My studios up till the record I just released called Love, Disorderly always consisted of a laptop and a few pieces of hardware which became the sound of the album. Never feeling truly comfortable with the many options inside the computer, I was very eager to give up my ‘control’. I started working with experimental guitar player Obi Blanche on textures. We fell in love with RHYTHM MKII, a powerful analogue drum computer from Elektron. We also started using DIY guitars Obi was building with builder Yuri Landman. The sounds coming out of these guitars felt fresh, and I wanted to juxtapose it with orchestral elements to make it sound more decisive.
When it all came together, composing for a string orchestra and playing around with the material afterwards was priceless. Something happens in a room when everything is live, no overdubs. The bandwidth of your projects increases because everyone is there only for one moment and is highly concentrated.

How do you make use of technology? In terms of the feedback mechanism between technology and creativity, what do humans excel at, what do machines excel at?

I don’t want machines to define me. They are tools and I don’t want to mythicize them. Music starts inside of me and there are many different machines that could channel it. I like when machines have a mind of their own, they surprise you. I like machines who make mistakes, randomize things. When you don’t know a device or instrument that well you start playing around with it, and these very first minutes are often very fertile. There’s a beauty in the incompetence and naivety, like a child winning at a video game because it’s just smashing buttons.

Production tools, from instruments to complex software environments, contribute to the compositional process. How does this manifest itself in your work? Can you describe the co-authorship between yourself and your tools?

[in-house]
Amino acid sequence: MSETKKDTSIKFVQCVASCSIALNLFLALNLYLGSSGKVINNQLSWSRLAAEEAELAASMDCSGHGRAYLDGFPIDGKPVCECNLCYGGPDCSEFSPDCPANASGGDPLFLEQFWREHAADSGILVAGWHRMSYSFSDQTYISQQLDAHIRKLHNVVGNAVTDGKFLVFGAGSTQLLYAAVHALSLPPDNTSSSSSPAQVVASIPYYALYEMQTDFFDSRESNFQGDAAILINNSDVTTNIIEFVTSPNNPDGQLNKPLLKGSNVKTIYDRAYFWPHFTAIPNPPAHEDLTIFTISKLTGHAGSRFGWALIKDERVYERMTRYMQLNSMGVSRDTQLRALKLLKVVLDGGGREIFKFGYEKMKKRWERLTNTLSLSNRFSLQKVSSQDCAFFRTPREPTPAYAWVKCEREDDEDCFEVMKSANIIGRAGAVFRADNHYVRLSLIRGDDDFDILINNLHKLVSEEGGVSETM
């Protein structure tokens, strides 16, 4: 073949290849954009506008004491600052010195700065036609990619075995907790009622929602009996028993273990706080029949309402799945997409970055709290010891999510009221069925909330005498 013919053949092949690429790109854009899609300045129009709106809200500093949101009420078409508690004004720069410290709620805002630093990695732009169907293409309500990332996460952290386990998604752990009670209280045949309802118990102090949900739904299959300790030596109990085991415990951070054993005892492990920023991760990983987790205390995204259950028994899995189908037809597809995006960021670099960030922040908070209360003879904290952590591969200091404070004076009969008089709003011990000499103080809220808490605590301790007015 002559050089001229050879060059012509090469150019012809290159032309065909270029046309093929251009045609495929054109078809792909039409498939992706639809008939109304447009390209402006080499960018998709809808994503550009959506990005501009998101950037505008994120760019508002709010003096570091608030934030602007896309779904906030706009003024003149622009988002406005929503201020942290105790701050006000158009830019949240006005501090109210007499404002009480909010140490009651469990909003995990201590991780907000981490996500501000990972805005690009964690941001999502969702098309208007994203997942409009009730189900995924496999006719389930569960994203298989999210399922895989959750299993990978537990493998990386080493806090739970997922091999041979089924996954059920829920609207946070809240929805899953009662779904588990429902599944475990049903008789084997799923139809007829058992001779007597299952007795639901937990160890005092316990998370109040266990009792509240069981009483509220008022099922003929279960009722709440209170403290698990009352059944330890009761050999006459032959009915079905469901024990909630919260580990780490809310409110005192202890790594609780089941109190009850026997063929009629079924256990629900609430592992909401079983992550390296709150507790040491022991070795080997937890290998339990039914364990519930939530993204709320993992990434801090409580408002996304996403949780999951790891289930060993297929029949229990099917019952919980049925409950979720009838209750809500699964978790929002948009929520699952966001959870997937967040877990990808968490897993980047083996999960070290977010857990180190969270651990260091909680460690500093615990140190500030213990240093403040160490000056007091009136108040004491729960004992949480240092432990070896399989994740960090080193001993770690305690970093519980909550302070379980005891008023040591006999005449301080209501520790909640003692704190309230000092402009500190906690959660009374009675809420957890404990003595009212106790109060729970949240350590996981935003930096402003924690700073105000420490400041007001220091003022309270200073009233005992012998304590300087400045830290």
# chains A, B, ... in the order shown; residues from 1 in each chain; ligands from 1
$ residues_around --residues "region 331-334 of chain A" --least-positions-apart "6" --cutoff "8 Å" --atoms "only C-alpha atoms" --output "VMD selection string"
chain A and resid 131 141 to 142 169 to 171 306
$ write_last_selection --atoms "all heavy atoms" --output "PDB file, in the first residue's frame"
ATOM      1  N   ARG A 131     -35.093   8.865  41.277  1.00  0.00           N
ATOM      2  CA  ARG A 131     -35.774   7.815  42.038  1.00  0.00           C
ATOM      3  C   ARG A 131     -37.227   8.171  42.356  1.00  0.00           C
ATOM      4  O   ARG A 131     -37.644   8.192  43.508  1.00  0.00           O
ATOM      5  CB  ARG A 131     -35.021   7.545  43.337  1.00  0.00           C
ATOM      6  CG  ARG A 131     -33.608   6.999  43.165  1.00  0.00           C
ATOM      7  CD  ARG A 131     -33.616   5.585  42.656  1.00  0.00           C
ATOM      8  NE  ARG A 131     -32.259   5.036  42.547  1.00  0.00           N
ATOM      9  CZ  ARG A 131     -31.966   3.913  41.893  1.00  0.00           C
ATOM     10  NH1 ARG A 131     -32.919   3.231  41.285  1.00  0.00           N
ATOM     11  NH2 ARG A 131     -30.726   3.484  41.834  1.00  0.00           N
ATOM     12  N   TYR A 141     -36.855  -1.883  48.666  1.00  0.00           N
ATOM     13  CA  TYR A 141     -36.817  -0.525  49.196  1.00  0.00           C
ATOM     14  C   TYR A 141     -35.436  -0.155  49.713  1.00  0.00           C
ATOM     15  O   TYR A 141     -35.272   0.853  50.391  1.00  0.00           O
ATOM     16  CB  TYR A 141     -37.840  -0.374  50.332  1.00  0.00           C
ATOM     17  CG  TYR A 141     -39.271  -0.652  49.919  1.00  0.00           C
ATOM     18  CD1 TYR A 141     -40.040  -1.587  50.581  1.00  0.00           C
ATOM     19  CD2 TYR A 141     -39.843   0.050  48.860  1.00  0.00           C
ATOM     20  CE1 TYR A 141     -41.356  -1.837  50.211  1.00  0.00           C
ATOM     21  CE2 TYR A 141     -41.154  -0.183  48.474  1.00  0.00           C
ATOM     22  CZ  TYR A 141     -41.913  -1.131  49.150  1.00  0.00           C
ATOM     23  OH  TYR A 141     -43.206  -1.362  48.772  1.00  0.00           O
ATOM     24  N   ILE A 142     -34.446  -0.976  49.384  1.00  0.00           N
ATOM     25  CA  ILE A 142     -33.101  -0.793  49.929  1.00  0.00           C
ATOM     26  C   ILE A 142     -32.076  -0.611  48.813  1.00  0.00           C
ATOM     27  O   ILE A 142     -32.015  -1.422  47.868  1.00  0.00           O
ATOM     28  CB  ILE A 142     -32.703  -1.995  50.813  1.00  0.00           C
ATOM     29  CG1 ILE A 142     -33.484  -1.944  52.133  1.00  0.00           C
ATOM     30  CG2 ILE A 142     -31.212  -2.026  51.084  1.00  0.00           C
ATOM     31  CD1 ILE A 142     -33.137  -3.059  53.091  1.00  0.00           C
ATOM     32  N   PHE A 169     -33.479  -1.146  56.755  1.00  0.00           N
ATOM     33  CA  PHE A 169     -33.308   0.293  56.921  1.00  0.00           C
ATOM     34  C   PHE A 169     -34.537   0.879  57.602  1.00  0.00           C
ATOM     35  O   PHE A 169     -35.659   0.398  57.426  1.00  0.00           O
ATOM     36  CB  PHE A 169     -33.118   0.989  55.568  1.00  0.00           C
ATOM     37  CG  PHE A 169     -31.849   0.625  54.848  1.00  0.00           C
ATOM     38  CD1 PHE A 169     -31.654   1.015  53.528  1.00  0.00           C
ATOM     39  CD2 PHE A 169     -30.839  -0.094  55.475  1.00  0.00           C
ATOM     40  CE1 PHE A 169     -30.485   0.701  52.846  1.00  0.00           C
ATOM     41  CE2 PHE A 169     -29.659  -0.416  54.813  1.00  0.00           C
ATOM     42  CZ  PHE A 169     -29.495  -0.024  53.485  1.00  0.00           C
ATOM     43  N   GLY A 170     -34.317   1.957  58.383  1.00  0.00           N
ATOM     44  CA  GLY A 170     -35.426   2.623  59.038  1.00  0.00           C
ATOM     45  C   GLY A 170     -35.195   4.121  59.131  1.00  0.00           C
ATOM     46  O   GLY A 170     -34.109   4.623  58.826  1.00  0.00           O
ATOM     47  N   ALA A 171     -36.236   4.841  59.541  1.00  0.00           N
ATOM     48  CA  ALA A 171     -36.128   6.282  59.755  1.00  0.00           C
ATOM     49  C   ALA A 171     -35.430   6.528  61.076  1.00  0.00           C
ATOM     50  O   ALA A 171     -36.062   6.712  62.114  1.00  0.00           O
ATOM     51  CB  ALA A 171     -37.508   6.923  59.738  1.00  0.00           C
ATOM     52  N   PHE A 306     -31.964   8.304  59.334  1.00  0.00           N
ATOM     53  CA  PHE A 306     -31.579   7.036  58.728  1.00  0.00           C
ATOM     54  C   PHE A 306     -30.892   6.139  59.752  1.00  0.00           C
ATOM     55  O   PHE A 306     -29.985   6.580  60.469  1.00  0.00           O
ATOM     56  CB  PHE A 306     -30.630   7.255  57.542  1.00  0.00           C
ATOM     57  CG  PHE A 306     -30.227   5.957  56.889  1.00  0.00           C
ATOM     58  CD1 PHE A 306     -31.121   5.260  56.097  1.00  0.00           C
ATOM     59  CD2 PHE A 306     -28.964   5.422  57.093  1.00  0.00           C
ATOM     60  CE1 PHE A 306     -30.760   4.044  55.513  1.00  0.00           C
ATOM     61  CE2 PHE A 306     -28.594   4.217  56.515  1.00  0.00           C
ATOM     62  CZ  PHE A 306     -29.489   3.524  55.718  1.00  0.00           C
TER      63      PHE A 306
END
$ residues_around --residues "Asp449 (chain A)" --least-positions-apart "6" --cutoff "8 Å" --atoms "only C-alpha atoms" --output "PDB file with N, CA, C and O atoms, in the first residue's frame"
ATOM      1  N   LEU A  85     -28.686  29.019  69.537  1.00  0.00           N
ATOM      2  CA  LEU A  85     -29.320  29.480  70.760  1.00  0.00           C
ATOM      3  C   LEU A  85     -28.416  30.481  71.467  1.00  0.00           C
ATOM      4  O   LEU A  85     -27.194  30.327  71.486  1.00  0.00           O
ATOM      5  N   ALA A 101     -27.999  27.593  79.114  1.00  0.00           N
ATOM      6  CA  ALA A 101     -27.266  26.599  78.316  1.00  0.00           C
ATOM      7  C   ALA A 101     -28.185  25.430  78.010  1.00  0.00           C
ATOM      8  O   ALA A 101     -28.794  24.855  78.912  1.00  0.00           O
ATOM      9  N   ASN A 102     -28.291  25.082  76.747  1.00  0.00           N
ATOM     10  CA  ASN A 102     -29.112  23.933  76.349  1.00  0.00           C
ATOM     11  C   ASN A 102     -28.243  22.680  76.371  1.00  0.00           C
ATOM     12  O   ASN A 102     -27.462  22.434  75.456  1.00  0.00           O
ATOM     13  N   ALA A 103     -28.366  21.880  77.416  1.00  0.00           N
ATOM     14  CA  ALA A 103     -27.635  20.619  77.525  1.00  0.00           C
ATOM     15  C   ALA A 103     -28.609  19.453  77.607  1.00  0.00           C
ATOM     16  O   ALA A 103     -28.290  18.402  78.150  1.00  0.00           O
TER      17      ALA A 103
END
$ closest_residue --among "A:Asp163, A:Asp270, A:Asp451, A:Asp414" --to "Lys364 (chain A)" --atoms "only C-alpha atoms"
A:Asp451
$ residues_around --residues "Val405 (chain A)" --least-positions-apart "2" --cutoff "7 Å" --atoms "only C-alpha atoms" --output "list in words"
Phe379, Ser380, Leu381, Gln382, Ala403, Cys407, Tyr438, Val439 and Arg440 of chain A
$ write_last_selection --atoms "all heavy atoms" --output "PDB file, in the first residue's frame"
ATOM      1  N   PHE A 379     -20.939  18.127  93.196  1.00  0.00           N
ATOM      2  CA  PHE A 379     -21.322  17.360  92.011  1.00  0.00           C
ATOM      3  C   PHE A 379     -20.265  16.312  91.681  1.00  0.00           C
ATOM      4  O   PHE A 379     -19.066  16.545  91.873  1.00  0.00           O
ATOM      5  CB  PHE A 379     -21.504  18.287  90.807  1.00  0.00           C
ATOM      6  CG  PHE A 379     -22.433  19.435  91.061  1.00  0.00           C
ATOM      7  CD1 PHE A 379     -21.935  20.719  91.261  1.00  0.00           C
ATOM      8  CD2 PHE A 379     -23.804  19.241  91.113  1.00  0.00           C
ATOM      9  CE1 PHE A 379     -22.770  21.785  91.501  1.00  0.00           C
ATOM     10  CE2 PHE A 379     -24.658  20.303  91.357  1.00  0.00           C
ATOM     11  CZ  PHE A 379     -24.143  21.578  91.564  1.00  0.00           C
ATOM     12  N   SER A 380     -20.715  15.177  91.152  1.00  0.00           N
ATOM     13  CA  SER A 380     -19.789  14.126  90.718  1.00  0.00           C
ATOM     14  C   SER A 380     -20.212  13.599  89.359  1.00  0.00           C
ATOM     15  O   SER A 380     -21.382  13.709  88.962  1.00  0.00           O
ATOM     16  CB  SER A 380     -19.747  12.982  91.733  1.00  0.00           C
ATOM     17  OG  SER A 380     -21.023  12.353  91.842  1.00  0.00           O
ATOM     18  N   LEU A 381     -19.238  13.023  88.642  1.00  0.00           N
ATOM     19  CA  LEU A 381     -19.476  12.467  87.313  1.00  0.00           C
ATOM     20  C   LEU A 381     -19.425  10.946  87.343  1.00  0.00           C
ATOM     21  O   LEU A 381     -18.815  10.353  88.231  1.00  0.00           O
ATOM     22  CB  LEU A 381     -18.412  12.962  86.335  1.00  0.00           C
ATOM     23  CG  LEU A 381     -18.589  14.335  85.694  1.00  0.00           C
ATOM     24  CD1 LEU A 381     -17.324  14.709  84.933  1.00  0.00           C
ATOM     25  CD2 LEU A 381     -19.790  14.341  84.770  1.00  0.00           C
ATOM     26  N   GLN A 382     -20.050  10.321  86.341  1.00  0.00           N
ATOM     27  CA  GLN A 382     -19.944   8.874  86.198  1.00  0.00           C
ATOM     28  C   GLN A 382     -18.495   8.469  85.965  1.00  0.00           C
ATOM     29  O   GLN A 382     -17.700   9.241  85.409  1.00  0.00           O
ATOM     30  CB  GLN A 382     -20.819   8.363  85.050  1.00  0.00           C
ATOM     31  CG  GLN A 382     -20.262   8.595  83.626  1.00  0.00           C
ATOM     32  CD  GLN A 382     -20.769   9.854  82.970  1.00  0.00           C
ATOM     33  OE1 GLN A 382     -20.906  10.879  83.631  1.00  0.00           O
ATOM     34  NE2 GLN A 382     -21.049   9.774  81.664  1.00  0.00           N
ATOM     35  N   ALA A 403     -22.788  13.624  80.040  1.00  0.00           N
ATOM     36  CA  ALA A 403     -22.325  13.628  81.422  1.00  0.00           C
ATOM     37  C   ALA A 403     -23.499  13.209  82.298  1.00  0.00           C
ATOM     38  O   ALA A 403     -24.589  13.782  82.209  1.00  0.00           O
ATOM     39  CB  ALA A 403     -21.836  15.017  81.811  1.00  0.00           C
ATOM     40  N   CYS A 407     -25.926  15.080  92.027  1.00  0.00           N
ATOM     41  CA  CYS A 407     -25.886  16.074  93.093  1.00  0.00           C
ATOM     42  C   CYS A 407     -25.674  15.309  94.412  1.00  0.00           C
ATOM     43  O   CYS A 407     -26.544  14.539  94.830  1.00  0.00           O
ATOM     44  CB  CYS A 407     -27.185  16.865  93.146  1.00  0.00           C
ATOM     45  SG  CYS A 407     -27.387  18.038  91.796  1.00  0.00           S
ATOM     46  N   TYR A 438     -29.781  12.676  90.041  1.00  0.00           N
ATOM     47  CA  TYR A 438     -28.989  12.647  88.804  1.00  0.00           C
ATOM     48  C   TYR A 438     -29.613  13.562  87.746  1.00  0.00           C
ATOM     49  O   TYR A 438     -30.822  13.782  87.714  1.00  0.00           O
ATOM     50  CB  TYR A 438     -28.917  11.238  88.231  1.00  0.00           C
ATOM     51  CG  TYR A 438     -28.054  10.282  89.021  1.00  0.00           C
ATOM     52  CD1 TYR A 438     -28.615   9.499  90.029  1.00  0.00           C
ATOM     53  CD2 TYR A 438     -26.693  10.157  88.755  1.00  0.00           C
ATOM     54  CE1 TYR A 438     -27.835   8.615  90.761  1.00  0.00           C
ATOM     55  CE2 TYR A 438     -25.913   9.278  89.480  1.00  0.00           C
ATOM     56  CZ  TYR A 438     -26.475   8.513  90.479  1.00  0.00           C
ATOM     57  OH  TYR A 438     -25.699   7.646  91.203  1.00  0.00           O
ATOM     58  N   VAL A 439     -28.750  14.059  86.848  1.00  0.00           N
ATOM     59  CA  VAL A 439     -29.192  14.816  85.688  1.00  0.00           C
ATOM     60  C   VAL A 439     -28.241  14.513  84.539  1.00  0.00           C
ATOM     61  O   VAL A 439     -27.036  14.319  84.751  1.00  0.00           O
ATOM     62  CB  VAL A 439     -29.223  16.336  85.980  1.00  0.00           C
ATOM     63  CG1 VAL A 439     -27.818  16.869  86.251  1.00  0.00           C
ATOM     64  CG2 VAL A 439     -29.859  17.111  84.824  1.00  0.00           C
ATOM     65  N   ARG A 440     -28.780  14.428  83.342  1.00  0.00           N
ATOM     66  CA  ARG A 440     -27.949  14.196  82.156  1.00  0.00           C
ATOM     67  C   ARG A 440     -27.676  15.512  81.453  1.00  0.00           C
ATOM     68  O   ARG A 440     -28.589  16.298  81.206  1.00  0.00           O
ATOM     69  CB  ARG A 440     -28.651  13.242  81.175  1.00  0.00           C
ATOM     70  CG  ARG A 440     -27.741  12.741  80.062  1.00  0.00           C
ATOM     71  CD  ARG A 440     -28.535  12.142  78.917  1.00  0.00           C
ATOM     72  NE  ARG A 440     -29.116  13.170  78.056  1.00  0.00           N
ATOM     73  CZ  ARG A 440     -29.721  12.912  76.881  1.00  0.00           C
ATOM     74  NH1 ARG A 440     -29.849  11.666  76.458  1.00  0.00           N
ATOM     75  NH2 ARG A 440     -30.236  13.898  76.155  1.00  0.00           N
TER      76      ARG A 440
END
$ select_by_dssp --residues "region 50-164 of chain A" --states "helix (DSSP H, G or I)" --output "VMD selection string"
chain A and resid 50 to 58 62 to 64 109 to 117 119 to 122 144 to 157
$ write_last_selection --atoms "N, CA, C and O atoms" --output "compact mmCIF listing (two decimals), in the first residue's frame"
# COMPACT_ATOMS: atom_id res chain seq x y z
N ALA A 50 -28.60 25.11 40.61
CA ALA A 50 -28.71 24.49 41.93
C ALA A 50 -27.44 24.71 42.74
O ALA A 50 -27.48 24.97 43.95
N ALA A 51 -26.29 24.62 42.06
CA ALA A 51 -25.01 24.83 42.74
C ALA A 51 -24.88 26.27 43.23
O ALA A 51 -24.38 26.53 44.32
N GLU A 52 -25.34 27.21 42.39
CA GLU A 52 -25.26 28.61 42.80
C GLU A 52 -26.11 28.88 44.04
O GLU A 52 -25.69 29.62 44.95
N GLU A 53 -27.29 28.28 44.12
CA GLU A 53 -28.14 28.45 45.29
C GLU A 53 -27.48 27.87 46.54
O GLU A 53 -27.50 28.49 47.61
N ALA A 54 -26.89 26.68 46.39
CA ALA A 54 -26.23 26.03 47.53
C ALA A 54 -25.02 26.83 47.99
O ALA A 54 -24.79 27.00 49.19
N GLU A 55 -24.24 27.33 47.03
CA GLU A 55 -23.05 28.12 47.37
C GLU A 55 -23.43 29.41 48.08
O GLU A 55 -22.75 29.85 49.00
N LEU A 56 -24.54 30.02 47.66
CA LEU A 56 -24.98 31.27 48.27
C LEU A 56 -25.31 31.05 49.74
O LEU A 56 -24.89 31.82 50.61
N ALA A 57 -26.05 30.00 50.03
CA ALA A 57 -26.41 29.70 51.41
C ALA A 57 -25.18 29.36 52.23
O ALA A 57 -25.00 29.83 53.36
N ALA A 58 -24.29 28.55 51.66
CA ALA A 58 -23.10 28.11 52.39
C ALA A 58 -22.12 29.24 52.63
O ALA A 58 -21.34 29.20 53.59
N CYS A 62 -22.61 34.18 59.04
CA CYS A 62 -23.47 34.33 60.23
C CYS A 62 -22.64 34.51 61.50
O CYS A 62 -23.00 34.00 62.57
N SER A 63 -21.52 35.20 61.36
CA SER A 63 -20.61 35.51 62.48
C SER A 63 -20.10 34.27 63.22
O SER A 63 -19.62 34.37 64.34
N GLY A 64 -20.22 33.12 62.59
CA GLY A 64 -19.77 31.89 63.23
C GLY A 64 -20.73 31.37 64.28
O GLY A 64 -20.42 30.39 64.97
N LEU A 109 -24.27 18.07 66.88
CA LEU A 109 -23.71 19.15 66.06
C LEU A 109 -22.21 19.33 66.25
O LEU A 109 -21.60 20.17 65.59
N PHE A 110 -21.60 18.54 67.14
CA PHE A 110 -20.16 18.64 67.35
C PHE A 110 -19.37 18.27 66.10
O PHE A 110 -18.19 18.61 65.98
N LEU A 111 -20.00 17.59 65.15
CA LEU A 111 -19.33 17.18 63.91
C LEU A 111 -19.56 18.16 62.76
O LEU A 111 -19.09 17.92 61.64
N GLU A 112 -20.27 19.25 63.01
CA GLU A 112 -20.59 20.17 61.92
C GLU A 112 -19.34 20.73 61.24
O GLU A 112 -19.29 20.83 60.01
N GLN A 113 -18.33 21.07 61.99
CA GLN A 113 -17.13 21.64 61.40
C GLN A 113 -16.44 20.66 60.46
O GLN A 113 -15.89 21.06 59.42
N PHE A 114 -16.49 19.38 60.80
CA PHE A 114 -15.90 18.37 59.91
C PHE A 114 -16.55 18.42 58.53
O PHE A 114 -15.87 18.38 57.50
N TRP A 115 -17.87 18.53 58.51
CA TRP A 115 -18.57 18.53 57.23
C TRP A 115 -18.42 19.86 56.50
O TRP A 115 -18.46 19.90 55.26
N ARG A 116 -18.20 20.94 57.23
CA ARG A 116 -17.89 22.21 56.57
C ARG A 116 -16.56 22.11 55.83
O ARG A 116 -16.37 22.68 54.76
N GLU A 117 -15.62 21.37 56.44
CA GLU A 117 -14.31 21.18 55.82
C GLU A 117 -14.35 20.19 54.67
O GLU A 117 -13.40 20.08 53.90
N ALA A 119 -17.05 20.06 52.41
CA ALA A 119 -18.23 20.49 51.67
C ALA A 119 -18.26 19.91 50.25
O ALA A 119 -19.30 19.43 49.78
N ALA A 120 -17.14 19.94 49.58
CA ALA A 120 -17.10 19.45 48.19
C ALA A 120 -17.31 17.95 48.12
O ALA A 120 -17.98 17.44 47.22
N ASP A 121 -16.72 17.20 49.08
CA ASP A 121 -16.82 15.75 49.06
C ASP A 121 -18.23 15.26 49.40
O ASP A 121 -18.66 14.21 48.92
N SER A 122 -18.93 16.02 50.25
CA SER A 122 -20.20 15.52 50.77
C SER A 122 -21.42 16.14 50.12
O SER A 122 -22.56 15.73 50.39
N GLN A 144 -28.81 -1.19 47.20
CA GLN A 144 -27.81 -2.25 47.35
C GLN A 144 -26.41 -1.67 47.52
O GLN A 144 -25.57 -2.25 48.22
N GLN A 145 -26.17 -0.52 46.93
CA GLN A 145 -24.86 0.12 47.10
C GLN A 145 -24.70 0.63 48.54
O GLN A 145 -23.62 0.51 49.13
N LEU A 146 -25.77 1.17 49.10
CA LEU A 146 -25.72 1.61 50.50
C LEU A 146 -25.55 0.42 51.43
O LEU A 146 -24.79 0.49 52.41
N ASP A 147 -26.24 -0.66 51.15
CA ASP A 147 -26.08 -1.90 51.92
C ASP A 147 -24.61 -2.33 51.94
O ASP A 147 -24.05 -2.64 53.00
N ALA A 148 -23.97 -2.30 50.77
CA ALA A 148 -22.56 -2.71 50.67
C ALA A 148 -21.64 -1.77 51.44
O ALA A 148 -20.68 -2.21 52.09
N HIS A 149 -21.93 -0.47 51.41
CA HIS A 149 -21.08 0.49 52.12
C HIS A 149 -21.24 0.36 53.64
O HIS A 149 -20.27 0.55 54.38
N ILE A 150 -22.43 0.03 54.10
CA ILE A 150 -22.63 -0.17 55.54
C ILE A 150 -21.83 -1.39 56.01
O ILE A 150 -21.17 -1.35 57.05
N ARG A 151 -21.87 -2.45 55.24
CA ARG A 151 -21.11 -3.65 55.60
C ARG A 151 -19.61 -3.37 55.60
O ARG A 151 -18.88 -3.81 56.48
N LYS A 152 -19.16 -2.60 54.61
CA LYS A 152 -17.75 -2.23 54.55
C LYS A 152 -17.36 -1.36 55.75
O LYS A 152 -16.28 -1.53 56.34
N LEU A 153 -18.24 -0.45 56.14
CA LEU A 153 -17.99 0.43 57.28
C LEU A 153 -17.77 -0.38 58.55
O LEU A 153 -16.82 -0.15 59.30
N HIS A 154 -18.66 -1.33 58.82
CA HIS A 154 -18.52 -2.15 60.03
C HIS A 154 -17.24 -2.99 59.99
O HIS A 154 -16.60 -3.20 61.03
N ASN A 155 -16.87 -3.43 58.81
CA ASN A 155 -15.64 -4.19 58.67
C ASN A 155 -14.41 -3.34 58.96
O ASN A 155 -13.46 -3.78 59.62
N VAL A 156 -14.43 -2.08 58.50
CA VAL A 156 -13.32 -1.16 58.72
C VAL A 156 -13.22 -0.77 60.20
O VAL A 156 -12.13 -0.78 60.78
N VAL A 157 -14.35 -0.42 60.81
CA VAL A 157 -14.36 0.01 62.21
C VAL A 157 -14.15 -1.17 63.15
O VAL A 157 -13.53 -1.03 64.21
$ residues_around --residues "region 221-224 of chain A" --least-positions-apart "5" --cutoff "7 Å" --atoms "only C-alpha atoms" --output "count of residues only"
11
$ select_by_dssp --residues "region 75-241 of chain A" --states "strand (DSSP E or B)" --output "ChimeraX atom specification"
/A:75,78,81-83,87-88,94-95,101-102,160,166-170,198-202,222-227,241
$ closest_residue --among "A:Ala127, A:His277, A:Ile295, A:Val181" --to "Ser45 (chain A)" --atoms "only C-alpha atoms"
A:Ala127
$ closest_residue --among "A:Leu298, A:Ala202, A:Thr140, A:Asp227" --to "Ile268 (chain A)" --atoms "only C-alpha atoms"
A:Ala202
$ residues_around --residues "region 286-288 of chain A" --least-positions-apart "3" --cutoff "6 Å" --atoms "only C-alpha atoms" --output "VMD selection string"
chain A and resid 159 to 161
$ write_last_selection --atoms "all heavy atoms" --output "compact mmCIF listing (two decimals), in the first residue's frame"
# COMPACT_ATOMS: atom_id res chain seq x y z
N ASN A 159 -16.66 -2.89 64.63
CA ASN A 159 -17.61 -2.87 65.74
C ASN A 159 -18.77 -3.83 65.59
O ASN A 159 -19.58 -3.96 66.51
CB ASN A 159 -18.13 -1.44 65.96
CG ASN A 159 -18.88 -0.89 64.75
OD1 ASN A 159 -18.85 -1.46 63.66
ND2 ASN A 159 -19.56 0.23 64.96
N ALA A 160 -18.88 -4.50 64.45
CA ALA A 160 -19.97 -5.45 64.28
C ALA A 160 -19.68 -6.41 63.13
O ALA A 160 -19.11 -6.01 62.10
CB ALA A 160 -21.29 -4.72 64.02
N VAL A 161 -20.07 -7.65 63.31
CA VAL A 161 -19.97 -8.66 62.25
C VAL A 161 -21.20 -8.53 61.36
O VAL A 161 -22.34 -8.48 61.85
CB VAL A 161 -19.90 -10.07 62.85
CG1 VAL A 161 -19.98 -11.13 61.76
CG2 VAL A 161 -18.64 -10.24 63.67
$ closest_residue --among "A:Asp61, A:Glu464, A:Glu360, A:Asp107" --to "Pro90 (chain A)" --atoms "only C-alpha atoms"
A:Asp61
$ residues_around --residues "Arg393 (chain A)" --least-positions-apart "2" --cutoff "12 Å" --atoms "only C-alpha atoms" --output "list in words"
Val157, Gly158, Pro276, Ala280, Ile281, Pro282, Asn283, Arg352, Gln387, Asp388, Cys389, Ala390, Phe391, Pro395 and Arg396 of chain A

I pick instruments up for research and try to find sounds that have incredible texture but are still useable within my songwriting. Brian Eno said, repetition is a form of change. I find tools that give me loops that I can listen to, and build on forever. I’ve been falling in love with The Pipe, a synthesizer you control with your mouth. I am not into too many options, I want things to be simple, almost primitive.

Collaborations can take on many forms. What role do they play in your approach and what are your preferred ways of engaging with other creatives through, for example, file sharing, jamming or just talking about ideas? 

If the work is divided into content and process, people will often agree on the content at the start of a collaboration, but the process is rarely questioned. I want the process and the people I work with to reflect my sense of ethics to get an end result that I can fully support.  
I am actively looking for artists who work independently, outside of a systemized making-system and who are interested in pop culture, cinema, and art. The first discussions about cooperation are therefore based on finding a shared philosophy.
I prefer using the word improvisation than jamming. For me improvisation is when you are moving towards something together, it’s a form of composing that fully forms itself in the present. When you’re lucky it takes you places far beyond your own capability. My best songs come from full improvisations, not from a premeditated structure. 

On Hold On Tight, I use what they call glossolalia, a term for speaking in tongues. Gibberish in English. It’s a thing kids do when they try to sing the lyrics they don’t know. I composed and improvised that song at the same time. My girlfriend Ellen Treasure insisted that I should keep it this way.
It sparked an inner debate about professionally vs. amateurism and it took a year for her to convince me that I could sing a poem made of unidentifiable words.